A look at the Opensocial Virtual Currency API proposal

The Opensocial virtual currency API proposal is at revision #3. There has been growing interest in the money geek community as to what it might entail, so I thought I’d take a stab at it.

First of all, we are talking about virtual currency, that is governement-currency converted to a separate denomination to provide the following benefits:

  • Allow those without a bank account, particularly kids to be able to convert cash into virtual currency by way of gift cards.
  • Higher relative denominations (ex. $1USD = 10 virtual currency unit) for psychological impact: to increase the perceived value of virtual goods sold and of monetary gifts received.
  • Usually, non-convertibility or limited convertibility back into government-issued currency, which limits liquidity risk on the issuer side while allowing the issuer to use the currency as a way for users to earn by participating, checking-in, accomplishing tasks, volunteering personal information, etc.
  • Typically shouted transactions in the social graph as a way to seek mimetism of donations by social graph members or to increase social capital and seek indirect reciprocal benevolent behaviors.


The first paragraph of the design explains the primary motivation for the API. The API provides essentially a way to workaround the fact that the application requesting the payment does not hold user’s credentials required to authorize the payment, so it has to communicate first with the container of the application, get the user’s authorization at that level, before the request can be passed to the authorization system.

A bias towards single currency per app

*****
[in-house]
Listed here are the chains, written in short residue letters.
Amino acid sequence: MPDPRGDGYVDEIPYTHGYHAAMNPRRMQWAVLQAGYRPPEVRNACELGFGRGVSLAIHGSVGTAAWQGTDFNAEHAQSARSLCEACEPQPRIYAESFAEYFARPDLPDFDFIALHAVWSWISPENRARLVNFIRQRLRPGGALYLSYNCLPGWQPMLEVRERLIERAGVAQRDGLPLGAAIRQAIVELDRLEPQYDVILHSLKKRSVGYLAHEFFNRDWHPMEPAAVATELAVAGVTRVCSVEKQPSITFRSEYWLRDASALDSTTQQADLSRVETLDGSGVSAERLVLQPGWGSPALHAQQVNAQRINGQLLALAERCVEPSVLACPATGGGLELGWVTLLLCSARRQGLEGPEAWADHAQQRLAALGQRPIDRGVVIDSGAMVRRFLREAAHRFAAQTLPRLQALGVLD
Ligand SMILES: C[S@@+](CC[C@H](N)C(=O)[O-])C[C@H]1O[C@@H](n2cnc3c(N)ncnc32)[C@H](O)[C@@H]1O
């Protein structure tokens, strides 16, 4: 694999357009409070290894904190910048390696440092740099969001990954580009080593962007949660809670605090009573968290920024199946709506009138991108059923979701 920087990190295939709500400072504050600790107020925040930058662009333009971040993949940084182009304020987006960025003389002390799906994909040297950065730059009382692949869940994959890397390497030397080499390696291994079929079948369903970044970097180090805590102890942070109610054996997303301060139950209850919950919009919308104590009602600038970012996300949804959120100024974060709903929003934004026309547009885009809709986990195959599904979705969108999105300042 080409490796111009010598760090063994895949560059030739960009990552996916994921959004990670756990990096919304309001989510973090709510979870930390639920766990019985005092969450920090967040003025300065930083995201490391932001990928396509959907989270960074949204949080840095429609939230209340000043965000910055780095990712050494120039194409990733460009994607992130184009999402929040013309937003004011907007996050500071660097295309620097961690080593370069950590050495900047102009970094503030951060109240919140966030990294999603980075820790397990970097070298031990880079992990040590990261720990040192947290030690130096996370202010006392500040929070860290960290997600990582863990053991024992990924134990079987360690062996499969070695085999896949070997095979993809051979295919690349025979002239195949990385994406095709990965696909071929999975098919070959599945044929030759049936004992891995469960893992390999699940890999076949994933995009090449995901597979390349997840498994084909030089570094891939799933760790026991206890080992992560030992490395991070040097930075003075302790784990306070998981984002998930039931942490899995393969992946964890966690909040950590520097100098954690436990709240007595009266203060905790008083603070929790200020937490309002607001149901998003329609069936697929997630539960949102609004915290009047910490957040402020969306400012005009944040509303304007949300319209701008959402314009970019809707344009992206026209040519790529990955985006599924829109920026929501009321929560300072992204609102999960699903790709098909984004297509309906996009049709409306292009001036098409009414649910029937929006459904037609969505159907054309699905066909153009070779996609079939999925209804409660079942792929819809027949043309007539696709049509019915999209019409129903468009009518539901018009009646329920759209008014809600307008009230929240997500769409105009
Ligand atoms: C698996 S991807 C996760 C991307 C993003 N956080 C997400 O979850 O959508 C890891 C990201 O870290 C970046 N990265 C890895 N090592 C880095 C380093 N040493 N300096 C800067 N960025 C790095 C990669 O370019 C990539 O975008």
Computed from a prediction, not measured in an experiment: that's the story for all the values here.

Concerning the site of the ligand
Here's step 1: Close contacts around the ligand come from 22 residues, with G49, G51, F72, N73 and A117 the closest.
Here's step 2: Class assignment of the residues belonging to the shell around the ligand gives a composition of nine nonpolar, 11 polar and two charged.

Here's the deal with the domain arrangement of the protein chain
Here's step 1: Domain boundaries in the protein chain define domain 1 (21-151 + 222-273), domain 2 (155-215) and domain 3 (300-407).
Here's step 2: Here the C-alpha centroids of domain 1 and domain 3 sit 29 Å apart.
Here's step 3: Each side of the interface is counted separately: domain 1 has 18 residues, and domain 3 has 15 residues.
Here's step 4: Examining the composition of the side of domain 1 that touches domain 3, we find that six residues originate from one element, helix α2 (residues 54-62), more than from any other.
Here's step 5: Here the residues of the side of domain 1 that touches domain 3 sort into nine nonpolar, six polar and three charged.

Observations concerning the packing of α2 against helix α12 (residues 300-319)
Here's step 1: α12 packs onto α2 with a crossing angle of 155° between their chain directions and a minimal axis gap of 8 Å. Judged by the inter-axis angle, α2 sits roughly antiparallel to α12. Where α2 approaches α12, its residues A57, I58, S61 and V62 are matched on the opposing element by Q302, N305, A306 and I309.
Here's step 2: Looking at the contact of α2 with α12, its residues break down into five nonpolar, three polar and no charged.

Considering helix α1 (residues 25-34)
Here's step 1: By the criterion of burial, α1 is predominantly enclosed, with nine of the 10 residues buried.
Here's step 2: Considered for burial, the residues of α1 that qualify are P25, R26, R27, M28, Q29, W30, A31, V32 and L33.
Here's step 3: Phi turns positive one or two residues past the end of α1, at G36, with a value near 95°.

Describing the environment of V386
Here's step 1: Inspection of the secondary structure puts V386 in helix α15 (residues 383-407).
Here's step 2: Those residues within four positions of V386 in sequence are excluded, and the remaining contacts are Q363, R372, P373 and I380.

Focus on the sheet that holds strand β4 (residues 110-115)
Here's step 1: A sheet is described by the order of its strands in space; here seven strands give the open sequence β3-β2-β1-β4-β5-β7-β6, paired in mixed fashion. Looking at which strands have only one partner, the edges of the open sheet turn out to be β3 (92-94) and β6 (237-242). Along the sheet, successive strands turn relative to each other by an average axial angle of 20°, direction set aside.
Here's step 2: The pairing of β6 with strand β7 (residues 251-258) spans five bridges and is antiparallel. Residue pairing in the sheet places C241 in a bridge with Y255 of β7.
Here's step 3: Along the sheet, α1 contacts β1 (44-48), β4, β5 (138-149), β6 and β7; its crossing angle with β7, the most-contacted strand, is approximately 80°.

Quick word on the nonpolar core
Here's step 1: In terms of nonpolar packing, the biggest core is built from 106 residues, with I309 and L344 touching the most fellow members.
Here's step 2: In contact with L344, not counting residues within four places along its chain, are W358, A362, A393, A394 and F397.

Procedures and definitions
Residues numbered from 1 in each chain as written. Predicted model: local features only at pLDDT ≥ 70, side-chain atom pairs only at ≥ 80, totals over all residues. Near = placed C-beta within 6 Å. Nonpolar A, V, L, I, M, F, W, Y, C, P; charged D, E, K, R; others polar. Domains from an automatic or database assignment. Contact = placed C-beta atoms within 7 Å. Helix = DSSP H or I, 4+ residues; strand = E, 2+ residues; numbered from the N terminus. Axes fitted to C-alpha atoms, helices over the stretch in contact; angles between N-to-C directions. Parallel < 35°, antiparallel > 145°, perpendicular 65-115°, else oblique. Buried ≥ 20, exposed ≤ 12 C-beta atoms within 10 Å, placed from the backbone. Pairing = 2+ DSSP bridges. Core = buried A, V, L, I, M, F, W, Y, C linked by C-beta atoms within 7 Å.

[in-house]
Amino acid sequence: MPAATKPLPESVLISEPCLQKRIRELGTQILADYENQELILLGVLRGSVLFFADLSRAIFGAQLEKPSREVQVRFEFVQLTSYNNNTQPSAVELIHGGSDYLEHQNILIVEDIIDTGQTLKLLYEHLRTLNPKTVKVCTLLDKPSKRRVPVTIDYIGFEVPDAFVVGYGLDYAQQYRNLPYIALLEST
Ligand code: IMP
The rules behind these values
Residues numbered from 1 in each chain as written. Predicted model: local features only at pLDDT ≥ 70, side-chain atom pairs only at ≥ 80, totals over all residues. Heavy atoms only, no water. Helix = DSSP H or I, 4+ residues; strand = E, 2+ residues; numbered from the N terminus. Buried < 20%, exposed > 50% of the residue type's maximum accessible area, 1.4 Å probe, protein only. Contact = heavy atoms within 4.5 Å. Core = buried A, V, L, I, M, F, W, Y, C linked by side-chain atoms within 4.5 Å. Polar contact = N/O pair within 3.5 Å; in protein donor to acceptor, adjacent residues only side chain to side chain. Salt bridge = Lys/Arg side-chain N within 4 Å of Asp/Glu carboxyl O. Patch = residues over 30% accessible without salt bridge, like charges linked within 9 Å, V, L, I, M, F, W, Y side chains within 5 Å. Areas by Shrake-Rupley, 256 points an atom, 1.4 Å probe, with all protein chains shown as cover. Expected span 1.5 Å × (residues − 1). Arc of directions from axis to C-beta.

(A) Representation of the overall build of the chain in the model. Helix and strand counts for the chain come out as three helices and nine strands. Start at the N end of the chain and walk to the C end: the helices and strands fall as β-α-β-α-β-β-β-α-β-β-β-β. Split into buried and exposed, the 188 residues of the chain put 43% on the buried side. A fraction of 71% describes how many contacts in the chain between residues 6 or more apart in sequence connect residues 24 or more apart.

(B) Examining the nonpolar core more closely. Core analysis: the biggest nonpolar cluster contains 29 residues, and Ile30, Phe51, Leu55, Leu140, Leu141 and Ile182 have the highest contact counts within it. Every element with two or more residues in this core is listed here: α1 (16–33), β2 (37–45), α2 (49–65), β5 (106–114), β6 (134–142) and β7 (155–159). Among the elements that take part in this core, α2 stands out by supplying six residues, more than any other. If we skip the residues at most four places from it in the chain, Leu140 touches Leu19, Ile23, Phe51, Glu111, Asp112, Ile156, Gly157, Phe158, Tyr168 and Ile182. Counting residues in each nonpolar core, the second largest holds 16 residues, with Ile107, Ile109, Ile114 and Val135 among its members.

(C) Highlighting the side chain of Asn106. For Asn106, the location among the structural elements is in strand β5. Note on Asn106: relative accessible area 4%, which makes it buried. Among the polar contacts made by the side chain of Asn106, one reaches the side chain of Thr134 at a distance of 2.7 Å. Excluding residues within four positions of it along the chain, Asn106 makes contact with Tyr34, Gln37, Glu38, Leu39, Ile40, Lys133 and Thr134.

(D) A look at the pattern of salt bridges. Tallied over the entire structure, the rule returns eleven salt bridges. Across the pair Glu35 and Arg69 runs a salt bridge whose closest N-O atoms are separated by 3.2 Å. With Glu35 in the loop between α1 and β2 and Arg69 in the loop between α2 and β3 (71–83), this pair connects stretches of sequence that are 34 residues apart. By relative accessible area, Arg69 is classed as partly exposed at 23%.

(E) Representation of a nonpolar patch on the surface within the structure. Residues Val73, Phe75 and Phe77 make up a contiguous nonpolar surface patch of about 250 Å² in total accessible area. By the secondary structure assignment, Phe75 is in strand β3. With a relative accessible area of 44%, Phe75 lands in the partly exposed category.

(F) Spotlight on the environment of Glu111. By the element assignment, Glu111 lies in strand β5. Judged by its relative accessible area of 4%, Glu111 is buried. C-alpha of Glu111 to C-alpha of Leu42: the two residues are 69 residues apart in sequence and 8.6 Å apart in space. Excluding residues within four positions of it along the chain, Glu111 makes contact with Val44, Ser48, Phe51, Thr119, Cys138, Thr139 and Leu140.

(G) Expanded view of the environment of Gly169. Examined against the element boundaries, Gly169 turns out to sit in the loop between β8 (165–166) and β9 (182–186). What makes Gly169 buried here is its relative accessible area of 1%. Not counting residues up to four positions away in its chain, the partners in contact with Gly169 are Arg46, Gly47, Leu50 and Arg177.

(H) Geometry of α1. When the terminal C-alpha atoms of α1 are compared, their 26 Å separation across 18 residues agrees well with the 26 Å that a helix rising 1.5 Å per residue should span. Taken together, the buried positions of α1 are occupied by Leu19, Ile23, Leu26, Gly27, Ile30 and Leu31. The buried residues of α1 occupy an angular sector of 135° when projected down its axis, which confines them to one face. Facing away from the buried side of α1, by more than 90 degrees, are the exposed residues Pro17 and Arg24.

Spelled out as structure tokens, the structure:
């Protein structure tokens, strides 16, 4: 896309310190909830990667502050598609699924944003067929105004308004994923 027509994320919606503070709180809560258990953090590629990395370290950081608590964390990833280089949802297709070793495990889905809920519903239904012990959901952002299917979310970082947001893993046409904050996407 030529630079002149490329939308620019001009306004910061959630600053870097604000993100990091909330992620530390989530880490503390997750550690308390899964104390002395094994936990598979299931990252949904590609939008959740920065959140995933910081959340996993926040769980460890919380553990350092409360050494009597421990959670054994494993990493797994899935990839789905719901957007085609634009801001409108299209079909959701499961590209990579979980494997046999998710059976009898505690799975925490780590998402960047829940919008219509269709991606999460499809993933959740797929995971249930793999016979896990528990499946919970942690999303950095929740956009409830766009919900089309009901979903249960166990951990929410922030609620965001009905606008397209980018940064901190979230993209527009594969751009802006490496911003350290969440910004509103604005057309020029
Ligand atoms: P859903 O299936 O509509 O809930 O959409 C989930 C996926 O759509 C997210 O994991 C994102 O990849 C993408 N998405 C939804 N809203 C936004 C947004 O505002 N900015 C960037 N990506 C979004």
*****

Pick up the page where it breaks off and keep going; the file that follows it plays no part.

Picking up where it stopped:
Looking at the details of the API, what is interesting is that there is no currency passed as part of the Payment object, only an amount and a reason. In fact, the currency is implicitly specified via the a opt_paymentHandlerUrl parameter (the URL of the payment handler) or via a pre-registered payment service URL.

In other words, it is designed primarily for applications who only deal with their own single currency, although it does not prevent an application to support multiple payment URLs. In all cases, each currency is tied to a currency service. It should also work very well for applications, which want to use a third-party currency and currency transaction service.

A bias towards purchases/rewards

Looking at the required versus parameters, the API seems really biased towards transactions between the application and the user such as virtual goods purchases.

The API supports both debiting the user’s account and crediting it, which means the API can be used to authorize both purchases and rewards for the user.


Despite the above mentioned biases, flexible “parameter” parameter can contain any application-specific data that the application may want to transmit. This opens the door to referencing invoice #, destination accounts, currencies, etc

Developers: register your API key and start your own credit union/bank

Imagine if a bank or CU was exposing their system via a GData-like API, and was outsourcing innovation to third-parties, possibly creating a dedicated VC fund or prize to finance startups building applications on their API, managing innovation as a good old option portfolio, possibly acquiring only the most successful and profitable of these innovators.

Well, that’s not really possible yet, but it seems the idea is in the air, at least the API part. Here are some excerpt from the comments section of OpenSourceCU report on BarCampBankDallas. Here is a summary:

In the current economic context, some credit unions may be pushed to innovate to survive, and one effective tool would be to expose their API. Tim McAlpine says:

As far as the API goes, traditional FIs are the opposite of open source. Being open requires a start-up mentality. Unfortunately today’s old dogs are more interested in keeping the vault full and closed. […]